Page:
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Unconditional Contracts – The Importance of Disclosure and Completing Searches

By 15 July 2019 August 23rd, 2019 Commercial Law

When entering into an unconditional Contract for the sale of a property, a Seller may be led to believe that they have no obligations to disclose any matters affecting the property.

Similarly, a Buyer entering into an unconditional Contract may think that completing property searches is an unnecessary expense.

If you have signed an unconditional Contract for the sale or purchase of property in Queensland, you should be aware that there are still:

  1. obligations imposed on a Seller to disclose certain information relating to the property; and
  2. searches that may give a Buyer rights to claim compensation or terminate the Contract.

What is an “unconditional Contract”?

A Contract for the sale or purchase of property will be “unconditional” if there are no terms or conditions in the Contract that must be satisfied or fulfilled on or before the settlement date.  For example, a Contract for a property sold at auction is “unconditional” as it is not subject to the Buyer obtaining:

  1. satisfactory building and pest reports for the property;
  2. satisfactory enquiries and searches in relation to the property being purchased; and/or
  3. sufficient finance approval to purchase the property;

Similarly, a Contract that is subject to the above conditions will become unconditional when such conditions are satisfied or fulfilled.

I have signed an unconditional Contract for the sale of my property. Do I still have to disclose anything to the Buyer?

Although a Contract may be unconditional, a Seller still has obligations to disclose certain matters affecting the property being sold.  In particular, a Seller must disclose to the Buyer:

  1. Any encumbrances affecting the property and which will remain in existence after settlement. Encumbrances are matters which burden and impede the property and/or the title to the land.   For example:
    1. Easements which burden the land (granting someone other than the registered owner/s a right to use and/or benefit from the land);
    2. Easements in favour of a Local Government or other Authorities (Easements in Gross);
    3. Unregistered encumbrances such as drainage, stormwater and/or sewerage lines running through the land;
  2. Whether the property being sold is subject to any tenancies or Lease arrangements that will continue after settlement;
  3. Whether the property being sold is the subject of any current or threatened claims or disputes (including court proceedings and/or neighborhood, fencing or tree disputes in QCAT).

I have signed an unconditional Contract to purchase a property. Do I still need to complete any searches?

Although a Contract may be unconditional, in most instances the standard conditions of a Contract and/or legislation provide a Buyer with a right of termination or claim for compensation if certain matters affecting the property and/or the Seller/s are discovered. For this reason, the following searches can be invaluable when purchasing a property:

  1. Title search: A title search discloses particulars of the Seller and the land which are recorded in the Queensland Land Titles Register (including the registered owner, the registered property description and all registered interests over the land being sold).  If the Seller/s and/or the property described in the Contract are not accurate, the Buyer may have a right to terminate the Contract. For example, a Buyer will have a right of termination if:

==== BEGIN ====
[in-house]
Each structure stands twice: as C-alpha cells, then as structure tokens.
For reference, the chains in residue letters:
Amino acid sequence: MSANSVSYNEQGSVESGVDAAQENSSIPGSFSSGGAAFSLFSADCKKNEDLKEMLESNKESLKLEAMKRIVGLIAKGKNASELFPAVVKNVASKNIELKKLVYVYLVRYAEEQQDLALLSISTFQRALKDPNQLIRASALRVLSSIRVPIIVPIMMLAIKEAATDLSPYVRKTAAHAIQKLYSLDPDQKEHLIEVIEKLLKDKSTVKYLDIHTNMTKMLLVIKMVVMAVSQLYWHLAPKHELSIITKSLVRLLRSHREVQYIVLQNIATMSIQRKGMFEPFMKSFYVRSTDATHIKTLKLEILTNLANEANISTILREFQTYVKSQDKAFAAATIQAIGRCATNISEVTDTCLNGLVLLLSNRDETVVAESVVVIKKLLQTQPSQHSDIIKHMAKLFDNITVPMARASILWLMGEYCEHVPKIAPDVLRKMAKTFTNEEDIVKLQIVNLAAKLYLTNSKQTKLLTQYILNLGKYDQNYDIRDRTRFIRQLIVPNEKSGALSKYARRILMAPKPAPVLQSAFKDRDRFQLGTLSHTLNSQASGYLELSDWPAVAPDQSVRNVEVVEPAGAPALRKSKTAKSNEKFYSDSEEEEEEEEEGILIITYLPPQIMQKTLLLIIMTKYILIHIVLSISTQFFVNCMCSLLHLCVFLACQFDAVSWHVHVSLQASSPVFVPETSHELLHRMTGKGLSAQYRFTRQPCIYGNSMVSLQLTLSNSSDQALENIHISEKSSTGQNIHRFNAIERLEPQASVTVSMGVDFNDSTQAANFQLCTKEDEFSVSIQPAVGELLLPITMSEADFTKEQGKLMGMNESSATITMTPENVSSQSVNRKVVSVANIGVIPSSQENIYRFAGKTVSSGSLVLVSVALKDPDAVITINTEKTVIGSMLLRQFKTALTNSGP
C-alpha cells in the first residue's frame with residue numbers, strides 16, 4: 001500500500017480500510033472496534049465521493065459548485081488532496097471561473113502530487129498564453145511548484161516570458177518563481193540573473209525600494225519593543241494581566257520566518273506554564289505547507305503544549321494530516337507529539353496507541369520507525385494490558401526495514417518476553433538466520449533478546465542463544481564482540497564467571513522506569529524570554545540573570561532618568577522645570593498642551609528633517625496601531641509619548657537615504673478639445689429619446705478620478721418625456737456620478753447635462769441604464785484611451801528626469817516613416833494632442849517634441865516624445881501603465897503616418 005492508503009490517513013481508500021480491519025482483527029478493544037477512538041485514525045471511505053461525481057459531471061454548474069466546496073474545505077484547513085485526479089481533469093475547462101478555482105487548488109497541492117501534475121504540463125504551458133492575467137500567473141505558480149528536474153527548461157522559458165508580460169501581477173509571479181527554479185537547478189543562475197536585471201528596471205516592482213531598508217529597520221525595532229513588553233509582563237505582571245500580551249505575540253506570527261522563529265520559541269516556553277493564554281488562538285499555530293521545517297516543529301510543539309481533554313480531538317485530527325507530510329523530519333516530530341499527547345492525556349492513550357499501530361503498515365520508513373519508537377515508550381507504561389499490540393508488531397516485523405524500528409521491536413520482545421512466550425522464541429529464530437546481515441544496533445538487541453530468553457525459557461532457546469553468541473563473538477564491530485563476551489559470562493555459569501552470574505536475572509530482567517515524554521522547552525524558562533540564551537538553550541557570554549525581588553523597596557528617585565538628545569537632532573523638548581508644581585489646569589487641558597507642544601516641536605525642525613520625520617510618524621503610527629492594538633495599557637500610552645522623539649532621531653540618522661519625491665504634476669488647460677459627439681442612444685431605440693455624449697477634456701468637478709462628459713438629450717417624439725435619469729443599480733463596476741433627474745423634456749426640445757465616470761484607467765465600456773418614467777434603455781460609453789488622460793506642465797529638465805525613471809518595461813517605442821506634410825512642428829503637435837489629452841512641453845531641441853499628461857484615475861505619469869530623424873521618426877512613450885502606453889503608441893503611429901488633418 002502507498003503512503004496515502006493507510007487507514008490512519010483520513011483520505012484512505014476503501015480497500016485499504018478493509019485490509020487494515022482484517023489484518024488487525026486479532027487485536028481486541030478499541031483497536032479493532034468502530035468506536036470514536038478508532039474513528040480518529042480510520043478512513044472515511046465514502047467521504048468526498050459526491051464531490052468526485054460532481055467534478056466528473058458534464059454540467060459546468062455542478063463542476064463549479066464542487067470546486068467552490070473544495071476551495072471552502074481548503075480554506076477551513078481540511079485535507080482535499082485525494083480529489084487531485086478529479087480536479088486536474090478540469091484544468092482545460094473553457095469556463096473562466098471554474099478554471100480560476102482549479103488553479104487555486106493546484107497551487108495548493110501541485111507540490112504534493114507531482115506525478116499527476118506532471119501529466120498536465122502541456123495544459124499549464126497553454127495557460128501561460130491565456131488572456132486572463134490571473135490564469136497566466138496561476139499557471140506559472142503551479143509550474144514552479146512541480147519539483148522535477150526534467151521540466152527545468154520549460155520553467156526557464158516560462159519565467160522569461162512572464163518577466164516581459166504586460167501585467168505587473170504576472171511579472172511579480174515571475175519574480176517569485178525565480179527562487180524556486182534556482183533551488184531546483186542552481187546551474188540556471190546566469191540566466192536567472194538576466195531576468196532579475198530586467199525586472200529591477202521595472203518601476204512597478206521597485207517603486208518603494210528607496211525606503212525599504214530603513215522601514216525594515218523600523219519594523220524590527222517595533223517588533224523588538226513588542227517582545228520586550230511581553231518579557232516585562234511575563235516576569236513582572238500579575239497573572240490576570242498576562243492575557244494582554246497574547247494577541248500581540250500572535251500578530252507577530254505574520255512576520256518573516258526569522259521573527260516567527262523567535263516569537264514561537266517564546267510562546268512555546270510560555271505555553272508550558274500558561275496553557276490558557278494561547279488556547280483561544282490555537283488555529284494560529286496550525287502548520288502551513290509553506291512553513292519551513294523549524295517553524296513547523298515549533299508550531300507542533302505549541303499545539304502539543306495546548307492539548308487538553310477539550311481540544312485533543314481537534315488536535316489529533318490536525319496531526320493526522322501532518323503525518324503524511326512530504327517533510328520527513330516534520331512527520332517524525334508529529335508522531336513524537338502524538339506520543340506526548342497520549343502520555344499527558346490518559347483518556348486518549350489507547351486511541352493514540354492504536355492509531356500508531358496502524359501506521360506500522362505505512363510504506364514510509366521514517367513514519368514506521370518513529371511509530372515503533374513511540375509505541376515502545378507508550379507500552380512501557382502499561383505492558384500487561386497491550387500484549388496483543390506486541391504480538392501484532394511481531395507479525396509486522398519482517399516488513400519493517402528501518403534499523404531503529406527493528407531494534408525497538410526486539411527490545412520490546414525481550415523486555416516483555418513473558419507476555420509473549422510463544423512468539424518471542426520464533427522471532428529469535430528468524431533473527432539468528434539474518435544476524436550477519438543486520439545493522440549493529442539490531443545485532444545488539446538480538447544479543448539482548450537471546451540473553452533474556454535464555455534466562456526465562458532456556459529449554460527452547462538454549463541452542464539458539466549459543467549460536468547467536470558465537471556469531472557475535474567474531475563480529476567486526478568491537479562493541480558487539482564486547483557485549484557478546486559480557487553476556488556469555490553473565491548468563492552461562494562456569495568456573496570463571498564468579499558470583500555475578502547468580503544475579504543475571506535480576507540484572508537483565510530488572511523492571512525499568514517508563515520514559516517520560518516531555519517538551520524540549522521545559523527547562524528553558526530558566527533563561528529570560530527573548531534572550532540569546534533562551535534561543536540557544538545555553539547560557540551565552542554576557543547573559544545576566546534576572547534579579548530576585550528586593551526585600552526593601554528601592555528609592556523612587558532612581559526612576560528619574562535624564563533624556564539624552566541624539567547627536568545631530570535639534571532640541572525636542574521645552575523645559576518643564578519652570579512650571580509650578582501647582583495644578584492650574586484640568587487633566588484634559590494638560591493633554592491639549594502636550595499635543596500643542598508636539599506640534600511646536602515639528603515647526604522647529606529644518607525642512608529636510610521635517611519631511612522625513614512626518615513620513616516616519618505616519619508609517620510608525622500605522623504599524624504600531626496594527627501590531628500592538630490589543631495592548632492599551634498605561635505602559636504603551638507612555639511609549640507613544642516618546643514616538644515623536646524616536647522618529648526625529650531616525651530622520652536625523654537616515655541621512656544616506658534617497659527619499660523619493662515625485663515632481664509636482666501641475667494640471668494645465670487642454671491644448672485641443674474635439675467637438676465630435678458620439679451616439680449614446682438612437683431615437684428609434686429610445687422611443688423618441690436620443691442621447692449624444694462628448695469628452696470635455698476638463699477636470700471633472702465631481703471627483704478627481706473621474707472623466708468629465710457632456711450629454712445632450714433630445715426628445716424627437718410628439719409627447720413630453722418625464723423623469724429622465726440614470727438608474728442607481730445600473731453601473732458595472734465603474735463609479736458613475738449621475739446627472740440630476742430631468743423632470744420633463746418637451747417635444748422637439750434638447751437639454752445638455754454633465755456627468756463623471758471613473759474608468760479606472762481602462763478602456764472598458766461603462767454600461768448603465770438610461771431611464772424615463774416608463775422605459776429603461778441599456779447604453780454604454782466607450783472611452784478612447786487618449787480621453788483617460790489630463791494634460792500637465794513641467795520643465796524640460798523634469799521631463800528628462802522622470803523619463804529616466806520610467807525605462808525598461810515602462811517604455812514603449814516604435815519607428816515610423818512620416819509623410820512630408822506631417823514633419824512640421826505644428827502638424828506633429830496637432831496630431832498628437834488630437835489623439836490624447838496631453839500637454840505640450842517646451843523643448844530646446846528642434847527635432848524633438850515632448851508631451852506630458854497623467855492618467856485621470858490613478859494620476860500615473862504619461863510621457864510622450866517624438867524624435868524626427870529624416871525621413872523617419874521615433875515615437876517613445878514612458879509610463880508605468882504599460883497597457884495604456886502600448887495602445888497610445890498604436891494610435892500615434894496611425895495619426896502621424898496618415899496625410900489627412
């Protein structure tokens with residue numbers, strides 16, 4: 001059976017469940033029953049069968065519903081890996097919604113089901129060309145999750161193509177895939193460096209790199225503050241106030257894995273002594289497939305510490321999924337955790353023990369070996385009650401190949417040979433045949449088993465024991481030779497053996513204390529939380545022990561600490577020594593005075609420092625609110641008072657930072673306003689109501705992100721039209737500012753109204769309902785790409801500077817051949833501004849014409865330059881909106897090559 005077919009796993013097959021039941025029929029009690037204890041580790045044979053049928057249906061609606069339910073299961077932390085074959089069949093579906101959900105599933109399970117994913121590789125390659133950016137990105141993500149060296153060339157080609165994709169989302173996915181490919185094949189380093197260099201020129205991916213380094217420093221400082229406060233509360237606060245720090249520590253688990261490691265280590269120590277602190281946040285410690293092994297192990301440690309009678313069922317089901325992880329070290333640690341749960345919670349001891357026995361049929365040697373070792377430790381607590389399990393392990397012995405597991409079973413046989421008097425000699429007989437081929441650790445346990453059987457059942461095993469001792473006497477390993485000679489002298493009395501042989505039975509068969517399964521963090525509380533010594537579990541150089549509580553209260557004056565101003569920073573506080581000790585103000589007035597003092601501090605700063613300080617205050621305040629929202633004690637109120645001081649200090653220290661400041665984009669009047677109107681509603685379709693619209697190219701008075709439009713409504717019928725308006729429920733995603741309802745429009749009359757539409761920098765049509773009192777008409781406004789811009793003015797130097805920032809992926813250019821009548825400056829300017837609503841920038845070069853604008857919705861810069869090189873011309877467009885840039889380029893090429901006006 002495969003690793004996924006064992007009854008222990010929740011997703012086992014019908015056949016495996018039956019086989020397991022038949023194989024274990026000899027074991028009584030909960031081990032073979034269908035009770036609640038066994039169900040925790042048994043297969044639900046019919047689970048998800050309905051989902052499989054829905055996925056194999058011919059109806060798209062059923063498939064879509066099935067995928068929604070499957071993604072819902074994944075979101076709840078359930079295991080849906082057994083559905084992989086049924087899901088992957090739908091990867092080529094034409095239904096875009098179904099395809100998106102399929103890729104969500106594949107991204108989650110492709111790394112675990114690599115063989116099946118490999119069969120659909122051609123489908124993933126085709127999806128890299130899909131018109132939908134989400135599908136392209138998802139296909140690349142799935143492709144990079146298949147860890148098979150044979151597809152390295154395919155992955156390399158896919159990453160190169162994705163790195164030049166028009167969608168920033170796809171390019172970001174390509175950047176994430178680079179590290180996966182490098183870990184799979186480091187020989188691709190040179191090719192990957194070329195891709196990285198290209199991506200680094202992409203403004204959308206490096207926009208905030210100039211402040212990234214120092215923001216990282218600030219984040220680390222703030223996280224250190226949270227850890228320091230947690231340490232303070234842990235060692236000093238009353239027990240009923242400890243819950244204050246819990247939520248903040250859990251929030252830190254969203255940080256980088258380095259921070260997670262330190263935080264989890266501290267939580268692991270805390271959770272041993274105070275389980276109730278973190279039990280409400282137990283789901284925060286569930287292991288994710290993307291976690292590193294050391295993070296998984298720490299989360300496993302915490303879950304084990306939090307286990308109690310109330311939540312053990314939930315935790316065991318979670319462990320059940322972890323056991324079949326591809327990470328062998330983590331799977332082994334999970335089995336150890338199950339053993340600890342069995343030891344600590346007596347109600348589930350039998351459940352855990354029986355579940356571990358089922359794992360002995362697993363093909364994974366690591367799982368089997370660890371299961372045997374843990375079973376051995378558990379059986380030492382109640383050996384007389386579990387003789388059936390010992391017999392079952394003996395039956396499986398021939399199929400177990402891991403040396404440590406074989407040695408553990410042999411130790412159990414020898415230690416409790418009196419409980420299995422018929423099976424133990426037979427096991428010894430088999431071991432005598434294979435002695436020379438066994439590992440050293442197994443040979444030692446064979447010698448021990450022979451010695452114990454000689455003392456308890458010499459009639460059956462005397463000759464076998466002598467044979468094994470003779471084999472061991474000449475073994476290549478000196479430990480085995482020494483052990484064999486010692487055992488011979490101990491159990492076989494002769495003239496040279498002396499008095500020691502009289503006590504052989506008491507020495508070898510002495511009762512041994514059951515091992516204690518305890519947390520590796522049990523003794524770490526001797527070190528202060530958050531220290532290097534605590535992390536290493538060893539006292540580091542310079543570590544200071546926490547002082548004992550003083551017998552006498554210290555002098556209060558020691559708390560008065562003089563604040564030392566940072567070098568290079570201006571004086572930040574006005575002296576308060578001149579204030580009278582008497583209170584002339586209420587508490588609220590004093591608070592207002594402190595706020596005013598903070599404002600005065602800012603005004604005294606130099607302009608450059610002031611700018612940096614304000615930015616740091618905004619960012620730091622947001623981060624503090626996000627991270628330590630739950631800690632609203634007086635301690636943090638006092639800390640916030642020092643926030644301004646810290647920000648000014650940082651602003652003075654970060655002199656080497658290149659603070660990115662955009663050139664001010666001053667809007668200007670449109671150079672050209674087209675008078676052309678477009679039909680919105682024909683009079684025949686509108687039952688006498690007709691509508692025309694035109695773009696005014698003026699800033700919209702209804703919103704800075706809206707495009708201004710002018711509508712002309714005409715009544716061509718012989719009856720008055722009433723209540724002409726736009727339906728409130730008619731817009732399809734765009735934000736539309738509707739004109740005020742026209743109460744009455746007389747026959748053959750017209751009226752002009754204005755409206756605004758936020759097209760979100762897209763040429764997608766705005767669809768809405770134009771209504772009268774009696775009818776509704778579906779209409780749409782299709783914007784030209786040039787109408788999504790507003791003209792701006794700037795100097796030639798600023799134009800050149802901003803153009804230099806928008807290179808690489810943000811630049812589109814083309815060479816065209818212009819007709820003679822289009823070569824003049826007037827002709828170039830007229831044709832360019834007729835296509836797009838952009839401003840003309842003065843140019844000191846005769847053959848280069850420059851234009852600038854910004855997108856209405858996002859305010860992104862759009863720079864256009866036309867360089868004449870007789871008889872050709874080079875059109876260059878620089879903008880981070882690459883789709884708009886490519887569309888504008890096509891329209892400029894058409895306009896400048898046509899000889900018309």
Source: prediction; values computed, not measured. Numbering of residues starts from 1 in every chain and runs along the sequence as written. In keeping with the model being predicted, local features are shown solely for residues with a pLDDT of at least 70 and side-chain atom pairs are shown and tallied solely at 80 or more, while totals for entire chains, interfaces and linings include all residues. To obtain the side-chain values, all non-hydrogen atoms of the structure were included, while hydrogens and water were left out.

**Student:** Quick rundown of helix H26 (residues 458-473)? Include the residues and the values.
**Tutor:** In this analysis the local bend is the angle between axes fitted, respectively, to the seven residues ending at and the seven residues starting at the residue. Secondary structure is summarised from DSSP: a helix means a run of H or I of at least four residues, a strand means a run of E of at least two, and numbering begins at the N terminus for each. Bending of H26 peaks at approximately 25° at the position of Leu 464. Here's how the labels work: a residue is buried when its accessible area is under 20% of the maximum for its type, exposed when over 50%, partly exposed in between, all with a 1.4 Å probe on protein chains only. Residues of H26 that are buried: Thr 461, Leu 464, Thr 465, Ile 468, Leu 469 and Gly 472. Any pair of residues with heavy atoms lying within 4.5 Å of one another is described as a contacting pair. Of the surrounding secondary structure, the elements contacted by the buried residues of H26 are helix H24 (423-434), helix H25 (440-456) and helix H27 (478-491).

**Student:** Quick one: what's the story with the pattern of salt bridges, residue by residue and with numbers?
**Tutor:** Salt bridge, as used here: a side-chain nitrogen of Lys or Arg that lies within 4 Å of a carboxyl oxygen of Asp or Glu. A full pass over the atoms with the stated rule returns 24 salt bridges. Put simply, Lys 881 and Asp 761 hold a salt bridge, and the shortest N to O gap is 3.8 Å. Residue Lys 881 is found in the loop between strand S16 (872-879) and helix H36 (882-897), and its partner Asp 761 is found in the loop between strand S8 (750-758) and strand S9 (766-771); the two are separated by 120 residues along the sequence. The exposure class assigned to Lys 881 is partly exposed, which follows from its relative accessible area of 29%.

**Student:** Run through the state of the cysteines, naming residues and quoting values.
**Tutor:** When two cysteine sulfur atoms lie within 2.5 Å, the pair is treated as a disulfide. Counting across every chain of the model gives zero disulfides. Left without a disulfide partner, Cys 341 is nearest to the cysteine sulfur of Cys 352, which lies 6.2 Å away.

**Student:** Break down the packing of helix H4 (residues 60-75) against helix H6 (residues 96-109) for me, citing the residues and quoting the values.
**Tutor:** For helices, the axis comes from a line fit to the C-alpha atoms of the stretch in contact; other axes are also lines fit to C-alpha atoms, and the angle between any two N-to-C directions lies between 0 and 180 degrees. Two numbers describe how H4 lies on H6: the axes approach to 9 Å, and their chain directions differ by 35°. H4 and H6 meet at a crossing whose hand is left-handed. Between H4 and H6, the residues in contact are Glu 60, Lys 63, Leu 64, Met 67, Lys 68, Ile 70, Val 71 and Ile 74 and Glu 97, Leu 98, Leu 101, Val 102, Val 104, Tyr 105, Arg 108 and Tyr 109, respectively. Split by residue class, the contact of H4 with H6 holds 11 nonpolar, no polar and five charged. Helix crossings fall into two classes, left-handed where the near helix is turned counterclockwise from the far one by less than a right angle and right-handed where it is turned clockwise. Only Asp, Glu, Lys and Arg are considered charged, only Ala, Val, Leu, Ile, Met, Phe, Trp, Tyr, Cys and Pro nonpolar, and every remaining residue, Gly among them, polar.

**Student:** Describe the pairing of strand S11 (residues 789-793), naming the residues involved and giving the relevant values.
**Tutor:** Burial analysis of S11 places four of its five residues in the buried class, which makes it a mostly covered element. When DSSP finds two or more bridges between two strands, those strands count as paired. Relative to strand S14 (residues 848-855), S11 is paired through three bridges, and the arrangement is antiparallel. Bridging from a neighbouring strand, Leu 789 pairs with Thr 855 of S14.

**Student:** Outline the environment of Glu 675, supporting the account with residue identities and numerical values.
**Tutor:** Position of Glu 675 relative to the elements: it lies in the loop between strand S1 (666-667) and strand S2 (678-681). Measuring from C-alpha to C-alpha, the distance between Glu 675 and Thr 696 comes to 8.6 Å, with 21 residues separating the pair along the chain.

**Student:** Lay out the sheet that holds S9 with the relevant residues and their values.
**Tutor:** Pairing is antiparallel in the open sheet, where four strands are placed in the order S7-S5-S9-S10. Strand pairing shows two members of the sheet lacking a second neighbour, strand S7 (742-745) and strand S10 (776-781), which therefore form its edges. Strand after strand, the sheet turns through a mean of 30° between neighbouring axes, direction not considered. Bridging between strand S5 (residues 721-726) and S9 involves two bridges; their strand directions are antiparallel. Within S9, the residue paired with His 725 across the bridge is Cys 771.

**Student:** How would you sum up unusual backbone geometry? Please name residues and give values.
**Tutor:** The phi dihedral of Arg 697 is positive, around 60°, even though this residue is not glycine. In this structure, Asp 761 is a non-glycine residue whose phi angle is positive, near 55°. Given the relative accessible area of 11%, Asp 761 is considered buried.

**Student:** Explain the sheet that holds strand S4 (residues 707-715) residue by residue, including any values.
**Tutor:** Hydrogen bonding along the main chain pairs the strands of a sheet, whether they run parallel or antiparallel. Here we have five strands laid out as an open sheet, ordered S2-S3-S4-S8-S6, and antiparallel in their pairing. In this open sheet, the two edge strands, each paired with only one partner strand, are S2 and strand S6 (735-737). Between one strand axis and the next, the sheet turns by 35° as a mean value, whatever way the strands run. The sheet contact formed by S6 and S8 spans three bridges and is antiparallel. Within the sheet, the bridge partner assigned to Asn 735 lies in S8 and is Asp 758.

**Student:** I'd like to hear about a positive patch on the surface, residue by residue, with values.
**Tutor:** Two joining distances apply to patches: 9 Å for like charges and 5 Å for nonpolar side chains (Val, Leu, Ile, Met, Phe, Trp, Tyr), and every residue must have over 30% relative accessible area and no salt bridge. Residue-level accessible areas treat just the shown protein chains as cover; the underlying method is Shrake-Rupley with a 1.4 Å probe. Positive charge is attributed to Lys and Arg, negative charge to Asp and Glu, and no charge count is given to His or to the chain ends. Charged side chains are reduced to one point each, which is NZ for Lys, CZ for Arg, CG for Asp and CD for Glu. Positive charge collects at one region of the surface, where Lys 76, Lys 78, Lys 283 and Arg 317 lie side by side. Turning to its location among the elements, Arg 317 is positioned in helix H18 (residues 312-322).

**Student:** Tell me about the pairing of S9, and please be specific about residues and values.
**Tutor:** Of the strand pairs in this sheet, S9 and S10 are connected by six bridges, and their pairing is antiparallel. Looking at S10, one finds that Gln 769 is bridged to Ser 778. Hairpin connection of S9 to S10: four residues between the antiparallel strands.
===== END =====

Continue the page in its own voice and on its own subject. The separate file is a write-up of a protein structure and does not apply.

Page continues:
1. The Contract contains an error in the description of the property and as a result, the Buyer will suffer significant expense and/or loss (that is, the Buyer will be materially prejudiced);
    2. The Contract does not disclose the existence of a registered encumbrance affecting the land; and/or
    3. At settlement, the Seller named in the Contract is not the registered owner of the land
  2. Registered Plan search: A registered plan search will provide an image of the Plan which is registered with the Queensland Land Titles Register when the Lot (a unit within a building or the land being purchased) was created.  If the location of or the area of the Lot is not accurately described in the Contract, or if there is an error with respect to the boundaries of the property, and if the Buyer will be materially prejudiced as a result of such inaccuracy or error, the Buyer will have a right to terminate the Contract or claim compensation.
  3. Contaminated Lands Register (“CLR”)/Environmental Management Register (“EMR”) search: If the property being purchased is recorded on either the CLR or EMR and the Seller has not disclosed this prior to entering into the Contract, the Buyer will have an immediate statutory right to terminate the Contract or at the very least, a right to claim compensation.  A Buyer’s right of termination exists regardless of the terms and conditions contained in the Contract.
  4. Local Government and other statutory authority searches: These searches will provide general information in relation to the property including rates, town planning and building approval details.  Although not all adverse search results will give the Buyer a right to terminate or claim compensation, a Buyer will be afforded rights if the following matters arise:
    1. If there is a notice or order (issued prior to the Contract date) requiring the Seller to pay money or complete work on the property, then the Seller is responsible for complying with such notice or order. If the Seller does not comply prior to settlement, the Buyer will be entitled to claim any costs and expenses arising from such notice or order as a debt against the Seller.
    2. If there is a proposal to alter or locate transport infrastructure on the property and such proposal has not been disclosed in the Contract, the Buyer will have a right to terminate the Contract.